Among those departments is the 42-person staff at yet another CRC warehouse (called Whitepark) that if emptied I'm convinced would provide more than enough indoor parking space for a blimp. Instead, it's packed only with "large items," including complete bikes, frames, wheels, forks, wind trainers and bike bags. Each aisle, about a dozen total, stretches several hundred feet in length. But it's the height of the shelving that separates one row from the next that's truly impressive. You literally have to crane your neck to see the top.
On these shelves are bikes, frames, wheels, forks, trainers and bike travel bags (click to enlarge).
What's the total value of inventory here?
"I don't even want to think about that," answers facilities manager Kenny O'Mahony. "It's all just boxes to me. I just hope I have enough space when new product comes in."
Good thing that on average O'Mahony and his crew fill one 40-foot trailer a day with product headed out to customers. "We had 115 orders for complete bikes come in today," adds O'Mahony. "We'll get through at least 80 of them before this shift ends."
Depending on the bike, that process includes some level of assembly as well as a pre-delivery inspection. If you're ordering from the U.K. your bike ships in a large box, meaning when it arrives at your door, all you have to do is attach the handlebars and pump up the tires, and you're ready to ride. U.S. buyers of complete bikes, which ship in smaller boxes, have to do a little more work, putting on wheels and such. But each bike comes with all the tools you need, plus a water bottle and some sports hydration mix.
O'Mahony's crew also handles all custom wheel build orders, which includes hundreds (if not thousands) of options, with rims and hubs coming from the likes of Shimano, DT Swiss, Hope, Mavic, Nukeproof and others. Turn time is 48 hours or less thanks to a forever busy three-man wheel building team who can each crank out a dozen wheels a day.
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The buzz of activity is no less furious at Chain Reaction Cycles' commercial offices, which is about 20 minutes from Whitepark. Along the way we pass the original CRC bike shop turned hair salon. It's crazy to think that this tiny storefront was genesis of the "blimp garage" and the rest of this sprawling operation, and it all started with a 1500-pound loan (about $2100US in 1984 money).
Now Chain Reaction Cycles is one of (if not the) largest on-line bike shops in the world, plus the umbrella company for what will soon be 10 house brands, including three bike lines, Nukeproof, Vitus, and Ragley. And of course if the Wiggle merger goes through, that number will expand even further.
"I'm strictly speaking for myself, but I believe house brands is a key part of the merger," guesses David Patten, CRC's head of house brand development. "They have certain expertise, we have certain expertise. Add it together and you'll be able to appeal to a very wide audience."
Key to Chain Reaction Cycle's expertise is an in-house R&D department that's tasked with everything from tweaking mountain bike suspension linkages to concepting pedals. Much of the design process is done in the virtual space, but the 15-person team also has the benefit of a 3D printer.
"Depending on the product, our goal with house brands is not to displace one of the primary brands we sell," explains Patten, using Park Tools and CRC's X Tools as an example. "We're competing with the brands below Park that people are buying based on price. Yes we get better margins there, but I also truly believe that the customer is getting a better value."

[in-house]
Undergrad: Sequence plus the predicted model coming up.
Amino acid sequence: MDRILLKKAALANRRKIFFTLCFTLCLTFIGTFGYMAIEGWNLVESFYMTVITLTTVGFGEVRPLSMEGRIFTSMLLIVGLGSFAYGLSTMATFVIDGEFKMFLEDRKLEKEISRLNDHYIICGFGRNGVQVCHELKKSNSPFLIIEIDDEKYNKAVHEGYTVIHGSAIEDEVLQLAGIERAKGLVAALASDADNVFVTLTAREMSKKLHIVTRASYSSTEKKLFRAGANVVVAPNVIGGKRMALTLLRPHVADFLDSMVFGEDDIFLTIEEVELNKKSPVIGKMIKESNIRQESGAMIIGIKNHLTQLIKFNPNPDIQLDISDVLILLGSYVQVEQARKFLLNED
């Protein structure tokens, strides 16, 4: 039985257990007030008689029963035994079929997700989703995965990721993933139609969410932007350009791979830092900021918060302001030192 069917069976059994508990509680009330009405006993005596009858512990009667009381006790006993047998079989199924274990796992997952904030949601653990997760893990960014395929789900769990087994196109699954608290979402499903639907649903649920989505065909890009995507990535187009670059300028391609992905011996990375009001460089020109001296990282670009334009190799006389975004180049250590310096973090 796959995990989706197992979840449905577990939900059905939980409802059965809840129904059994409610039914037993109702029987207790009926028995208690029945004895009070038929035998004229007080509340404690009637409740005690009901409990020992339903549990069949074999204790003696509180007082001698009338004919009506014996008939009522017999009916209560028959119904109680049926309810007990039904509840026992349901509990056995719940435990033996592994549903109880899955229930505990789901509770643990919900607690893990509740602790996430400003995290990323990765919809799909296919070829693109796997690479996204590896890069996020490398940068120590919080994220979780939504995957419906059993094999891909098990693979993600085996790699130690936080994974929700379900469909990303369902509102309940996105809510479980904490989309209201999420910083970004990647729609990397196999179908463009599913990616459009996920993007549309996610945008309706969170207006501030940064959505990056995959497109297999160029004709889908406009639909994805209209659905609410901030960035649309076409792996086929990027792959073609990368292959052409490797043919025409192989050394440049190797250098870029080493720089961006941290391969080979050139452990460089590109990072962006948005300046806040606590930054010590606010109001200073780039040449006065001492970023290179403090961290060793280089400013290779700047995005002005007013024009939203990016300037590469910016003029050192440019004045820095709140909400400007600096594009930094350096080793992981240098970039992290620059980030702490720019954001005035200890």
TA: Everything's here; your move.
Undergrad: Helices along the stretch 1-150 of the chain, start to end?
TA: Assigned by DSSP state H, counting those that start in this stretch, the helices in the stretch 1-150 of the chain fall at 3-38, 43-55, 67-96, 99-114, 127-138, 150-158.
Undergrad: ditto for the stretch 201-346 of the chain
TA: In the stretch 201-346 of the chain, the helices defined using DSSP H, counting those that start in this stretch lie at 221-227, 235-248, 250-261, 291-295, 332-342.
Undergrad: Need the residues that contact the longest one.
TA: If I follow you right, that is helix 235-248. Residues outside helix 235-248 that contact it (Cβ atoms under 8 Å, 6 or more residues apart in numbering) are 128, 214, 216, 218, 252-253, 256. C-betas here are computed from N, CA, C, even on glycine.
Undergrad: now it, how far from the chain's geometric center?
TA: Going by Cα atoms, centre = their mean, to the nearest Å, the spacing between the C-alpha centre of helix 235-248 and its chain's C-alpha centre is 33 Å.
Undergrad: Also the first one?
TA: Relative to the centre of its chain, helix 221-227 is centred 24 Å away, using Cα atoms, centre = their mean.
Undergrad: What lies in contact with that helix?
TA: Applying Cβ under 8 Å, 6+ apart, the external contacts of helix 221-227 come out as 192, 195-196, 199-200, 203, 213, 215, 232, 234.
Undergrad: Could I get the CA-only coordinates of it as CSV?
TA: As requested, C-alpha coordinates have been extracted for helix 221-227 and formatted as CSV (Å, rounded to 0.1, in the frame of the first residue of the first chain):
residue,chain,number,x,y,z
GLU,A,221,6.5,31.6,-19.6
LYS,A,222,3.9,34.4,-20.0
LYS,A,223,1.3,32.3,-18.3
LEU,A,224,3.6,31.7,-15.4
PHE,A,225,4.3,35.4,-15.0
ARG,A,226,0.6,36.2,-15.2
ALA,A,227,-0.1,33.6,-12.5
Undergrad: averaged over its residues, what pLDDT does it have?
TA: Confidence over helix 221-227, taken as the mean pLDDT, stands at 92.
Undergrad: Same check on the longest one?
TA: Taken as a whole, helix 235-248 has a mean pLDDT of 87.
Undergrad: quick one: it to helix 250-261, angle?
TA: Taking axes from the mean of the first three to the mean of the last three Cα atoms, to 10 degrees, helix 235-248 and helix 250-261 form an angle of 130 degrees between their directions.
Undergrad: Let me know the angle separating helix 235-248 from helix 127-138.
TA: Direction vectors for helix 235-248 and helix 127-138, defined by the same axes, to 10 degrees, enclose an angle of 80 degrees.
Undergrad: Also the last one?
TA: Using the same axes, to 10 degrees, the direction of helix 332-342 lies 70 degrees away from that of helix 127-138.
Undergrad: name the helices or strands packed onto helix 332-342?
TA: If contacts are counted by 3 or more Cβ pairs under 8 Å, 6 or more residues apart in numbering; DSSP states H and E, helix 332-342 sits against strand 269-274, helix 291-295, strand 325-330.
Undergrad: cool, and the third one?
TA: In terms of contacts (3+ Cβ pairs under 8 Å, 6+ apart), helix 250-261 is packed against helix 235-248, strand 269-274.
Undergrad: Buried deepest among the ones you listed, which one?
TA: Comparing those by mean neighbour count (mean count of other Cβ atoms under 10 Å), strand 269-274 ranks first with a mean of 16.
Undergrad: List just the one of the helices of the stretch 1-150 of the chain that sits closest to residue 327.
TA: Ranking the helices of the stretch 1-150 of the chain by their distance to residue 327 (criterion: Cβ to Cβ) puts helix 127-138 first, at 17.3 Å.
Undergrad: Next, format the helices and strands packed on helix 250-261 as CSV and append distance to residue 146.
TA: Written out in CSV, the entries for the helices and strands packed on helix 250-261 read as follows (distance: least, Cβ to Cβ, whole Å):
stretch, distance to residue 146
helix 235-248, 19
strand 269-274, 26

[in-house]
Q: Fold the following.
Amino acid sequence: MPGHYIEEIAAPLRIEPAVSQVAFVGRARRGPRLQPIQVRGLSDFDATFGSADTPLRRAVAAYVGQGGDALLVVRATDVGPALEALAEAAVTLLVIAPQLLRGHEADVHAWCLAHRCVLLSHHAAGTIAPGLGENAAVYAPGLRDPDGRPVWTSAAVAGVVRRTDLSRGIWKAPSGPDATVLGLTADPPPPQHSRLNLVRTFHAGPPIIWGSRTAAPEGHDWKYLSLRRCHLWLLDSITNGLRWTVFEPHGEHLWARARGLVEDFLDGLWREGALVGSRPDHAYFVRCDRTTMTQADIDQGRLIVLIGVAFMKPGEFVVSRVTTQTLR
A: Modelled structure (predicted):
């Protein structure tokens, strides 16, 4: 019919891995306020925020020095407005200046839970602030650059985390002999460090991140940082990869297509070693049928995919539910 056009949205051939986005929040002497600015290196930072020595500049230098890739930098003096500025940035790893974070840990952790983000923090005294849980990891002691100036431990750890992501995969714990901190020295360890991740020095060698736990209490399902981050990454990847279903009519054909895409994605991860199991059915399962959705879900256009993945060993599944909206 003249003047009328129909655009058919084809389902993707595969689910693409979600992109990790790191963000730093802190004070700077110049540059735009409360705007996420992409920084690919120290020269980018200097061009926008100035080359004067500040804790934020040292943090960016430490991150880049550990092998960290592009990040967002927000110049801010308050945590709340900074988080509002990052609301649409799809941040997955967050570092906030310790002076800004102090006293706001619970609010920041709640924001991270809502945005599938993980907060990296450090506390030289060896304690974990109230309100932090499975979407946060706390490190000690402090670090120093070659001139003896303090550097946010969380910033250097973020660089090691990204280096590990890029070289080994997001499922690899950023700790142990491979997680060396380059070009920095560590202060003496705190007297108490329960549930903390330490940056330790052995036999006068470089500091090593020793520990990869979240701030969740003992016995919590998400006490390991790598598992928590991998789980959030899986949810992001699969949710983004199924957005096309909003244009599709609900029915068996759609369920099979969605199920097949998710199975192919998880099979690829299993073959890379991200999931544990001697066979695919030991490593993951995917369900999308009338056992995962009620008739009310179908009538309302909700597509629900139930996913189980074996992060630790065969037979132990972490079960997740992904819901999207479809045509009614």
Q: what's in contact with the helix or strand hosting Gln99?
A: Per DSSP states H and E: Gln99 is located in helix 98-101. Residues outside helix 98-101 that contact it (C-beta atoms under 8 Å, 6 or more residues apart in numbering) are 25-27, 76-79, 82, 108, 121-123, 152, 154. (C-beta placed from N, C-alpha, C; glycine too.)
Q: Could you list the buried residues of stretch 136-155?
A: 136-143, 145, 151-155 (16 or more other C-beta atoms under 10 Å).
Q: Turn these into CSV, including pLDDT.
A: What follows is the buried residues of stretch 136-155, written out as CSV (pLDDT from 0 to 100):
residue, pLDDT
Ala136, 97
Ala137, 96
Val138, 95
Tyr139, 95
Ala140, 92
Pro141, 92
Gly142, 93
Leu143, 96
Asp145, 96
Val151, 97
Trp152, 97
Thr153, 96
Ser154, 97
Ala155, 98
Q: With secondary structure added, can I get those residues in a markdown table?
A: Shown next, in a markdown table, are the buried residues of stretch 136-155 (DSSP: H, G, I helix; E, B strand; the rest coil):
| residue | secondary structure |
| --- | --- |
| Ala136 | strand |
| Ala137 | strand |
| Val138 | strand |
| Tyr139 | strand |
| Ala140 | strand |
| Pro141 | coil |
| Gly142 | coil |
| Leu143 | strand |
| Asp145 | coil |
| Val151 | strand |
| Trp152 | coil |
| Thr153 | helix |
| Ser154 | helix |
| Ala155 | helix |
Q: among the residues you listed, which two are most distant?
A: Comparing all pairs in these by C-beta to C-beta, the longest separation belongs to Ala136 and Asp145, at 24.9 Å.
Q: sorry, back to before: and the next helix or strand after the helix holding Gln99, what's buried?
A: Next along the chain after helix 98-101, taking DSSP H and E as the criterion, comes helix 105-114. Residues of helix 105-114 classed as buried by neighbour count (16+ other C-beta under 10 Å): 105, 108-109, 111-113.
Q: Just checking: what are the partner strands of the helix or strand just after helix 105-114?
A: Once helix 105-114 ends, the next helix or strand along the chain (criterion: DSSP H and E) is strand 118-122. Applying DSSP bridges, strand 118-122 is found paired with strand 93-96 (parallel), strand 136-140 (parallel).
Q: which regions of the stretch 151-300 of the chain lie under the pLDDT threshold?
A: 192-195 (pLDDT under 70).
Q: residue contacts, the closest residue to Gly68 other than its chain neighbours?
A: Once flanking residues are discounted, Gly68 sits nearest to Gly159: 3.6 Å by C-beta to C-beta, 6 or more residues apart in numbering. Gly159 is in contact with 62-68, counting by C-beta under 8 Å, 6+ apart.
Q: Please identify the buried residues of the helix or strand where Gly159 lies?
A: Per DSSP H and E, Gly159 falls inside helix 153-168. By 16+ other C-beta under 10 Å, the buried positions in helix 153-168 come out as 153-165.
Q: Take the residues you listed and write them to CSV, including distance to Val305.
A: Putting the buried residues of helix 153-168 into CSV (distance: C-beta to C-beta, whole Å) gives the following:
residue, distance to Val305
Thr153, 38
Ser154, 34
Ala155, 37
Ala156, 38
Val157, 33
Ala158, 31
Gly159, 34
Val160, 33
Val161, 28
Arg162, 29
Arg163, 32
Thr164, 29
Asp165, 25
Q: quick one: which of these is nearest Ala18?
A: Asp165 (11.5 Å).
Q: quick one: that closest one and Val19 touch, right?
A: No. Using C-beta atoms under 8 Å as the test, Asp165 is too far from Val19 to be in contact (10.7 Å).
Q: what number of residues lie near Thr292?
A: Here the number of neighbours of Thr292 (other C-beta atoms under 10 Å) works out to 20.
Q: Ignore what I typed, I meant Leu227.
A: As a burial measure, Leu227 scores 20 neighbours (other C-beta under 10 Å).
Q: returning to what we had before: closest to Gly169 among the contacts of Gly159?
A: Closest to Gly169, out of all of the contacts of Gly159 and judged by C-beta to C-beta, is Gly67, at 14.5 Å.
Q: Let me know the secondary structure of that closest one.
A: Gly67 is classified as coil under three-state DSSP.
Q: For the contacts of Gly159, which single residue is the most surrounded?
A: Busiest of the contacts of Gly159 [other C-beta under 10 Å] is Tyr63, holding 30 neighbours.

Value and performance are the calling card of CRC's biggest house brand, too. After pulling Vitus from the ashes of a slew of bad business deals by the former owner's of the once famed French road bike maker, Chain Reaction has slowly grown it into an all-encompassing two-wheeled consumer-direct outfit. "In 2011, Vitus consisted of six road bikes, six mountain bikes, and one city bike," recalls brand manager Simon Cordner. "This year we have 47 models across basically every cycling disciple from cyclocross to city to downhill."
The top-of-the-line Vitus Vitesse EVO Team is the same frame ridden by the UCI Continental squad An Post Chain Reaction (click to enlarge).
Cordner also concedes that Vitus used to be nothing more than a name stickered onto bikes "bought off the shelf" in Asia. "Now we design in-house," he says. "We also sponsor a UCI continental team, An Post Chain Reaction, that's been huge in the development of our road line. And this year we'll have at least two athletes racing the Enduro World Series on Vitus mountain bikes. We have come a long way in a short time."
Nukeproof is a similar story. Once a U.S.-based gravity-focused component maker, Chain Reaction bought the brand off the scrap heap, then slowly built it back up, adding bikes to the product line, and even sponsoring a World Cup downhill team that includes multi-time world champion Sam Hill.
But while significant, those team sponsorships seem less consequential than the final stop of our tour, the fun-filled Castlewellan Ride Center, which is also supported by Chain Reaction Cycles. Located about 45 minutes south of Belfast in the Mourne Mountains near the Irish Sea, this spider web of purpose built mountain bike trails is arguably the best reason to care about this company. It's not just a mass of Internet bots set on selling you last year's close-out products at cutthroat prices. By backing places such as Castlewellan, two other ride centers in Northern Ireland, countless events, plus loads of amateur teams and clubs, Chain Reaction Cycles has helped grow the sport. And you can't knock them for that.
Our tour guides on the trail, marketing boss Damien Duggan (right) and former Red Bull Rampage rider (and CRC athlete) Glyn O'Brien (click to enlarge).
"We'll probably always be best known for our range of products and great prices and service, because that is the standard we have set," says Duggan at the end of a muddy, but smile-filled ride. "But what we also want your readers to understand is the people behind Chain Reaction Cycles are truly passionate about cycling and the products that make that experience great."